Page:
OPINION and ORDER Granting 11 MOTION to Allow Appeal. Signed by District Judge Stephen J. Murphy, III. (DPar)
UNITED STATES DISTRICT COURT
EASTERN DISTRICT OF MICHIGAN
IN THE MATTER OF:
Case No. 2:15-cv-13383
HONORABLE STEPHEN J. MURPHY, III
OPINION AND ORDER GRANTING MOTION TO ALLOW APPEAL 
Over an eight-month period, the Court rejected four of Debtor-Appellant Mark
Chaban’s bankruptcy appeals. See Case Nos. 2:14-cv-14559, 2:15-cv-11879, 2:15-cv12361, 2:15-cv-13383. The Court barred Chaban from filing further appeals without the
express, prior approval of the Court, and instructed the Clerk to reject any appeal filed
without the Court’s permission “lest [Chaban] continue to use the Court’s resources for
vexatious purposes.” No. 2:15-cv-11879, ECF 10, PgID 426, 428. The Court reminded
Chaban of this restriction in two subsequent orders, the latter of which contained a warning
that noncompliance may result in a finding of contempt. See No. 2:15-cv-12361, ECF 20,
PgID 384; No. 2:15-cv-13383, ECF 9, PgID 103. In the instant motion, Chaban seeks the
Court’s permission to file a fifth appeal, and challenges the Court’s authority to bar the
appeal. ECF 11. He filed the fifth appeal before the Court addressed the instant motion.
See No. 2:17-cv-11139, ECF 1.
Federal district courts have a “constitutional obligation to protect their jurisdiction from
conduct which impairs their ability to carry out Article III functions.” In re Martin-Trigona,
737 F.2d 1254, 1259–61 (2d Cir. 1984) (affirming in part a district court’s injunction
prohibiting a party from, among other things, “filing an appeal from  bankruptcy
proceedings without first obtaining leave of the court in which he seeks to file the appeal”).
To exercise their inherent authority, federal courts may “‘impose carefully tailored
restrictions’ upon ‘abusive litigants.’” Scott v. Bradford, No. 13-12781, 2014 WL 6675354,
at *3 (E.D. Mich. Nov. 25, 2014) (quoting Cotner v. Hopkins, 795 F.2d 900, 902 (10th Cir.
1986)). Although a plaintiff may not be “absolutely foreclosed from initiating an action in a
court of the United States,” district courts may “require one who has abused the legal
process to make a showing that a tendered lawsuit is not frivolous or vexatious before
permitting it to be filed.” Ortman v. Thomas, 99 F.3d 807, 811 (6th Cir. 1996). “There is
nothing unusual about imposing prefiling restrictions in matters with a history of repetitive
or vexatious litigation.” Feathers v. Chevron U.S.A., Inc., 141 F.3d 264, 269 (6th Cir. 1998).
To determine whether a pre-filing injunction is appropriate, the Court considers:
(1) the litigant’s history of vexatious, harassing or duplicative lawsuits; (2) whether the
litigant has an objective, good-faith expectation of prevailing; (3) whether the litigant is
represented by counsel; (4) whether the litigant has caused needless expenses to other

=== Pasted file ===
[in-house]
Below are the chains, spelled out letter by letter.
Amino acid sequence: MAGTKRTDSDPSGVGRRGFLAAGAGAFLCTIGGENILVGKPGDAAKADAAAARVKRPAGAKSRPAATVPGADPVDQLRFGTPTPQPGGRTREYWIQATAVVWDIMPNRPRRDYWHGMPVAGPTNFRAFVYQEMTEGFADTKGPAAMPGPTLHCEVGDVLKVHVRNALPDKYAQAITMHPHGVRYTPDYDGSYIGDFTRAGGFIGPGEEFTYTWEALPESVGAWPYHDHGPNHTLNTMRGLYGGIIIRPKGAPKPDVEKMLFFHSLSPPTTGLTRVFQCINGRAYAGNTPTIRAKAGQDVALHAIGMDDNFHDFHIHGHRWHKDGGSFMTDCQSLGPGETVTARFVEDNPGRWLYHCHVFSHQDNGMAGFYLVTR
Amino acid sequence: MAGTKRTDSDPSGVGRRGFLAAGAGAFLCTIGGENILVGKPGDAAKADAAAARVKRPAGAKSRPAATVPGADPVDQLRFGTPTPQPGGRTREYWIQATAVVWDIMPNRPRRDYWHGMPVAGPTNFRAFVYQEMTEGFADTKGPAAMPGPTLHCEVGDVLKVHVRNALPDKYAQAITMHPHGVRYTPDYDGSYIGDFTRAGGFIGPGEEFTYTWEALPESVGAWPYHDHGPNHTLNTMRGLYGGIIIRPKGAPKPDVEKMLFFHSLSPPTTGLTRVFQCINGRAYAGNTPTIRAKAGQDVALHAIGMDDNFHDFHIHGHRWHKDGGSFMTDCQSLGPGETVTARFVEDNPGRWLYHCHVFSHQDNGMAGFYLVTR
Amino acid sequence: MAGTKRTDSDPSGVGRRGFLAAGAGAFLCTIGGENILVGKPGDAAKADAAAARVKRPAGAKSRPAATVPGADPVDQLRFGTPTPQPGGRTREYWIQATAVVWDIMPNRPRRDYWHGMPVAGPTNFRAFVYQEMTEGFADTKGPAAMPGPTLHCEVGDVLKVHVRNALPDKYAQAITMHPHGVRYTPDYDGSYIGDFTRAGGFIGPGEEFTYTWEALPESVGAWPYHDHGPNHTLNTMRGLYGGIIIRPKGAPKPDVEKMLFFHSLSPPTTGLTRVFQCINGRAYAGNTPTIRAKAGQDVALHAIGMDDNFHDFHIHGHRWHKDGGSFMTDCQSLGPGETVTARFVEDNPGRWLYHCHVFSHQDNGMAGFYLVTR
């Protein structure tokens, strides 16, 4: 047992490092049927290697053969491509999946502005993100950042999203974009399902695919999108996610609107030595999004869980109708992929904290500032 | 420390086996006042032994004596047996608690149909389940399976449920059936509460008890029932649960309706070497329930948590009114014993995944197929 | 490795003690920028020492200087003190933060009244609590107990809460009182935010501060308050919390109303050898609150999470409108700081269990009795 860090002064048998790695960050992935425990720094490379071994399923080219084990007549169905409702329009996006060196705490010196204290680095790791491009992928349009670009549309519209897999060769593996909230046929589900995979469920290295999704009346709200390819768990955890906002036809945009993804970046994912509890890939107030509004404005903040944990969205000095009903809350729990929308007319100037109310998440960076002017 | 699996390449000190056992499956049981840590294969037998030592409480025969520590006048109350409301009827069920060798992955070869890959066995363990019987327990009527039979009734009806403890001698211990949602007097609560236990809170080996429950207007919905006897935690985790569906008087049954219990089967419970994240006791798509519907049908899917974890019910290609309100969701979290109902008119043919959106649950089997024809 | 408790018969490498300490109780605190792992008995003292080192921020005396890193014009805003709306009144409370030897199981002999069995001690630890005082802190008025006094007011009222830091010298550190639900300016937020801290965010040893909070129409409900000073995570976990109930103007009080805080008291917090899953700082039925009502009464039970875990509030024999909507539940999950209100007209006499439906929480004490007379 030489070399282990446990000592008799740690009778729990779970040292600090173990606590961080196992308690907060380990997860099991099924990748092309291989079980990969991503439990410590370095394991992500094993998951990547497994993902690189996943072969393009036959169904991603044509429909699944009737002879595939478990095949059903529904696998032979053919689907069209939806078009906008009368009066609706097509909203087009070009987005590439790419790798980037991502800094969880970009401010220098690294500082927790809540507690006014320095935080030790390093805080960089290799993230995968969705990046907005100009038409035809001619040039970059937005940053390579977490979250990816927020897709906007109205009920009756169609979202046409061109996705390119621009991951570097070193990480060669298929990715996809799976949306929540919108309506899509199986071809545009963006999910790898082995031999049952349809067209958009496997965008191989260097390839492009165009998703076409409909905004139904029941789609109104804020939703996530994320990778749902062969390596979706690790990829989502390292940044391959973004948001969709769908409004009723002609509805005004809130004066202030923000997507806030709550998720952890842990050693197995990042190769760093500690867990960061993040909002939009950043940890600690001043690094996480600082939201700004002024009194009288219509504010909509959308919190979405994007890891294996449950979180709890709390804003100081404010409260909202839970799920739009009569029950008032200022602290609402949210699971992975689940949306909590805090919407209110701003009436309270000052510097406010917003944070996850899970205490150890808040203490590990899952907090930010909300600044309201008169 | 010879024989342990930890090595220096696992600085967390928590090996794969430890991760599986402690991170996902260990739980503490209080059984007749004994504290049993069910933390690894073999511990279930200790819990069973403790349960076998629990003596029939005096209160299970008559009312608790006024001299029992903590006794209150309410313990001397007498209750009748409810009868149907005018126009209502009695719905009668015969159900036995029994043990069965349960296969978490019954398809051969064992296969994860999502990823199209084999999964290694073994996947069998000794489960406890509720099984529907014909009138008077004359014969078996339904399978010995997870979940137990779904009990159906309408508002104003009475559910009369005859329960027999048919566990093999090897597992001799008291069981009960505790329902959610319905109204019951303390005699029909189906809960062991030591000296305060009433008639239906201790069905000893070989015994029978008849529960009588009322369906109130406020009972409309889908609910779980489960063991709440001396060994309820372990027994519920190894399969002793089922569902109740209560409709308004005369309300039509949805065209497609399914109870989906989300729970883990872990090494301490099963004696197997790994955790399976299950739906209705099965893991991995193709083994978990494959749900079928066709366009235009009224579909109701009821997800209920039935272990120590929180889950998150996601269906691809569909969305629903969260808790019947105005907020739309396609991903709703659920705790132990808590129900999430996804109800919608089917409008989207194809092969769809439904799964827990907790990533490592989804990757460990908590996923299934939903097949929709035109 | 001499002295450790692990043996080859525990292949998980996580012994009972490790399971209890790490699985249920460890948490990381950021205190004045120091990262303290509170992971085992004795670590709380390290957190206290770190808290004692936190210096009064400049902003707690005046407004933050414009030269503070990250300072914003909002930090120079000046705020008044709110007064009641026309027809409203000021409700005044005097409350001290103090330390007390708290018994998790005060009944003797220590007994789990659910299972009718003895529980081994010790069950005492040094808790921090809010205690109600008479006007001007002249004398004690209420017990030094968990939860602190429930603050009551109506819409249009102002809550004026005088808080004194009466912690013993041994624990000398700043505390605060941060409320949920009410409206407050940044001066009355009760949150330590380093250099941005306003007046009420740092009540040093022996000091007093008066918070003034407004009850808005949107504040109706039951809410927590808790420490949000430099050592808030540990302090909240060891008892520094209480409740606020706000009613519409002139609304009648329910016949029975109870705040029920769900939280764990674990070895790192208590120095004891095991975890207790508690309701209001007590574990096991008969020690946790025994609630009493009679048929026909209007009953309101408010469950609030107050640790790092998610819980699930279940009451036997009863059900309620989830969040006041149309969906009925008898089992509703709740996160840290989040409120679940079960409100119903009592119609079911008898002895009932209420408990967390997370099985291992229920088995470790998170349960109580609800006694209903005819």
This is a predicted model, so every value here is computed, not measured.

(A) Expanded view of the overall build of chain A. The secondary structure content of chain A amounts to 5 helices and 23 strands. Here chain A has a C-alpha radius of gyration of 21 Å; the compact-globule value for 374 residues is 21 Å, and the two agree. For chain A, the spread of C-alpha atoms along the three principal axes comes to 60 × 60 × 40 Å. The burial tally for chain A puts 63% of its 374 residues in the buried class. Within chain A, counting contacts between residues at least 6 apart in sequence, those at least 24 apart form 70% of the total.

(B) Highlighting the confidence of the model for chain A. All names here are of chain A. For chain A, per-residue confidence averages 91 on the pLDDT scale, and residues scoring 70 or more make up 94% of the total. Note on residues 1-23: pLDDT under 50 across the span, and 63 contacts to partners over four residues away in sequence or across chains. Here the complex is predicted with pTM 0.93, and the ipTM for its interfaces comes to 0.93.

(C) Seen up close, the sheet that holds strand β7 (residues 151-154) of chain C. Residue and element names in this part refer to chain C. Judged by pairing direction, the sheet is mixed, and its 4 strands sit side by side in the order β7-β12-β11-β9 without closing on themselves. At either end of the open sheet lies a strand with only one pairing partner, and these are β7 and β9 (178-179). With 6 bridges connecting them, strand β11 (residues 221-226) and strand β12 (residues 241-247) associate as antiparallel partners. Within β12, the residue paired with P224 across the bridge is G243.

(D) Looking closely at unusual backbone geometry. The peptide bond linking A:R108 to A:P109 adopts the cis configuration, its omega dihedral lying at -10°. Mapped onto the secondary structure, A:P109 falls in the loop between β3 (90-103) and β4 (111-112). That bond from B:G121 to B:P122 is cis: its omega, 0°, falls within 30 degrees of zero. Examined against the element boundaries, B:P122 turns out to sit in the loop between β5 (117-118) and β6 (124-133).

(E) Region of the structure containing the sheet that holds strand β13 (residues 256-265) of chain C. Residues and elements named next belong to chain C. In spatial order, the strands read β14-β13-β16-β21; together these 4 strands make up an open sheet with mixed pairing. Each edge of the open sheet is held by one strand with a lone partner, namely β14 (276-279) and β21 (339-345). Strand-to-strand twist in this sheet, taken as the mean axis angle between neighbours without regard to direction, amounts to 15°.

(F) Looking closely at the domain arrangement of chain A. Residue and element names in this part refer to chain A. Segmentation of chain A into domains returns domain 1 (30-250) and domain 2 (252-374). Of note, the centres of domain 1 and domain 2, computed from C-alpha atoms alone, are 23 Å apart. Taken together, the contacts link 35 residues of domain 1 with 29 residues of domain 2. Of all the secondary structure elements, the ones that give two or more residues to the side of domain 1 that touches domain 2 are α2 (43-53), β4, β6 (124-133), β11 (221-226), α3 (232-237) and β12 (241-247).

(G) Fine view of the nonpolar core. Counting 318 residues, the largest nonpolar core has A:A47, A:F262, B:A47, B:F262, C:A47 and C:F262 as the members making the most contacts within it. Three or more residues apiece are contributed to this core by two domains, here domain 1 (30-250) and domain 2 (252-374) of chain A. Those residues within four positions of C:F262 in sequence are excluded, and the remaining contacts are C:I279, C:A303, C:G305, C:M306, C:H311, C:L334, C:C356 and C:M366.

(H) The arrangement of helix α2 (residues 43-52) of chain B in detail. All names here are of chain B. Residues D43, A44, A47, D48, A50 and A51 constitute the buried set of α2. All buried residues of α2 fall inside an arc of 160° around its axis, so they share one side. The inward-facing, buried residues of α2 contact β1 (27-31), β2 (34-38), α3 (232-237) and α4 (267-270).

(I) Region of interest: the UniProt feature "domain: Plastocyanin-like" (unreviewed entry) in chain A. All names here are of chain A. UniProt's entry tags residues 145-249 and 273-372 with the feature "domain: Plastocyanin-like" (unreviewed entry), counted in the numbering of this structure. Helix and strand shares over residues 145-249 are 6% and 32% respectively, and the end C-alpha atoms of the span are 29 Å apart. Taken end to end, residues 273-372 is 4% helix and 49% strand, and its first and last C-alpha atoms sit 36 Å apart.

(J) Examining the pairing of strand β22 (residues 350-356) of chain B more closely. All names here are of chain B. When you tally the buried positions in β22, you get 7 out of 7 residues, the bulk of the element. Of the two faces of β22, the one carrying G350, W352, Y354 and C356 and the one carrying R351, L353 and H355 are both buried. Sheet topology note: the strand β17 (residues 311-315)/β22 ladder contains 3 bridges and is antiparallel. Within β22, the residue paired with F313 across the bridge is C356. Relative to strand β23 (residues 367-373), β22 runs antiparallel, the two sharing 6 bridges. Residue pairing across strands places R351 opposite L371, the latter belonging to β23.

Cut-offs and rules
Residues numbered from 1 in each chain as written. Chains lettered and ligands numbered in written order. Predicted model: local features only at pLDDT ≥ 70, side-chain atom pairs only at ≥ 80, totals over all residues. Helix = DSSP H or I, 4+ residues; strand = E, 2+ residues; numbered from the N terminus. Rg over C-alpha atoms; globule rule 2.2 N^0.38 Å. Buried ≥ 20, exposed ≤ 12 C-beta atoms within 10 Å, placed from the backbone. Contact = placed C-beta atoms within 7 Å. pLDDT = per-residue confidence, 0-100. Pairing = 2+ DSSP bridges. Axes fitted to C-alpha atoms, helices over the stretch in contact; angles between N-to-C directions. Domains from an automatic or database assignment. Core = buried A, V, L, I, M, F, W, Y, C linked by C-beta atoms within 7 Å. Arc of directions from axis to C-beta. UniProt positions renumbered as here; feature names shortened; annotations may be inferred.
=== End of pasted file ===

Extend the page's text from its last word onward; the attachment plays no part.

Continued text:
parties or has posed an unnecessary burden on the courts and their personnel; and
(5) whether other sanctions would be adequate to protect the courts and other parties.
Tropf v. Fid. Nat. Title Ins. Co., 289 F.3d 929, 940 n.18 (6th Cir. 2002). If a litigant “is likely
to continue to abuse the judicial process and harass other parties,” then a pre-filing
injunction is warranted. Scott, 2014 WL 6675354, at *4 (quotations omitted).
Chaban has filed a series of appeals in the Court over the past few years, each of
which has been rejected by the Court, and one of which was rejected by the United States
Court of Appeals for the Sixth Circuit. Chaban’s history of vexatious litigation began in state
court and proceeded through federal bankruptcy court. The Court has thoroughly
documented that history in Case No. 2:15-cv-12361, ECF 20, and need not restate it here.
Chaban’s motives for filing these appeals are unclear, but his behavior shows that he
has no objective, good-faith expectation of prevailing. As stated earlier, “[t]he amount of
judicial time and resources wasted by Chaban’s vexatious litigation and the negative toll
that it has taken on the parties to Chaban’s harassment is an abuse of the judicial system.”
No. 2:15-cv-12361, ECF 20, PgID 383–84. Instead of wasting those resources on Chaban’s
appeals, the Court should be assisting parties who file legitimate claims in good faith,
supported by arguable bases in law and fact.
Chaban argues, however, that the Court exceeded its authority under Federal Rule
of Bankruptcy Procedure 8020 when it enjoined him from filing bankruptcy appeals. ECF
11, PgID 109–11. District courts have the authority to enjoin serial filers of bankruptcy
appeals. See, e.g., In re Martin-Trigona, 737 F.2d at 1259. But Chaban has yet to become
the kind of “serial filer” whose appeals should be enjoined, and the Court has yet to
consider “whether other sanctions would be adequate to protect the courts and other
parties” from Chaban’s habitual abuse of the judicial process. Tropf v. Fid. Nat. Title Ins.
Co., 289 F.3d at 940 n.18. Accordingly, the Court will allow Chaban to proceed with his
appeal in Case Number 2:17-cv-11139.
WHEREFORE, it is hereby ORDERED that Chaban’s Motion to Allow Appeal  is
s/Stephen J. Murphy, III
STEPHEN J. MURPHY, III
United States District Judge
Dated: June 13, 2017
CERTIFICATE OF SERVICE
I hereby certify that a copy of the foregoing document was served upon the parties and/or
counsel of record on June 13, 2017, by electronic and/or ordinary mail.
s/David P. Parker
Disclaimer: Justia Dockets & Filings provides public litigation records from the federal appellate and district courts. These filings and docket sheets should not be considered findings of fact or liability, nor do they necessarily reflect the view of Justia.
Why Is My Information Online?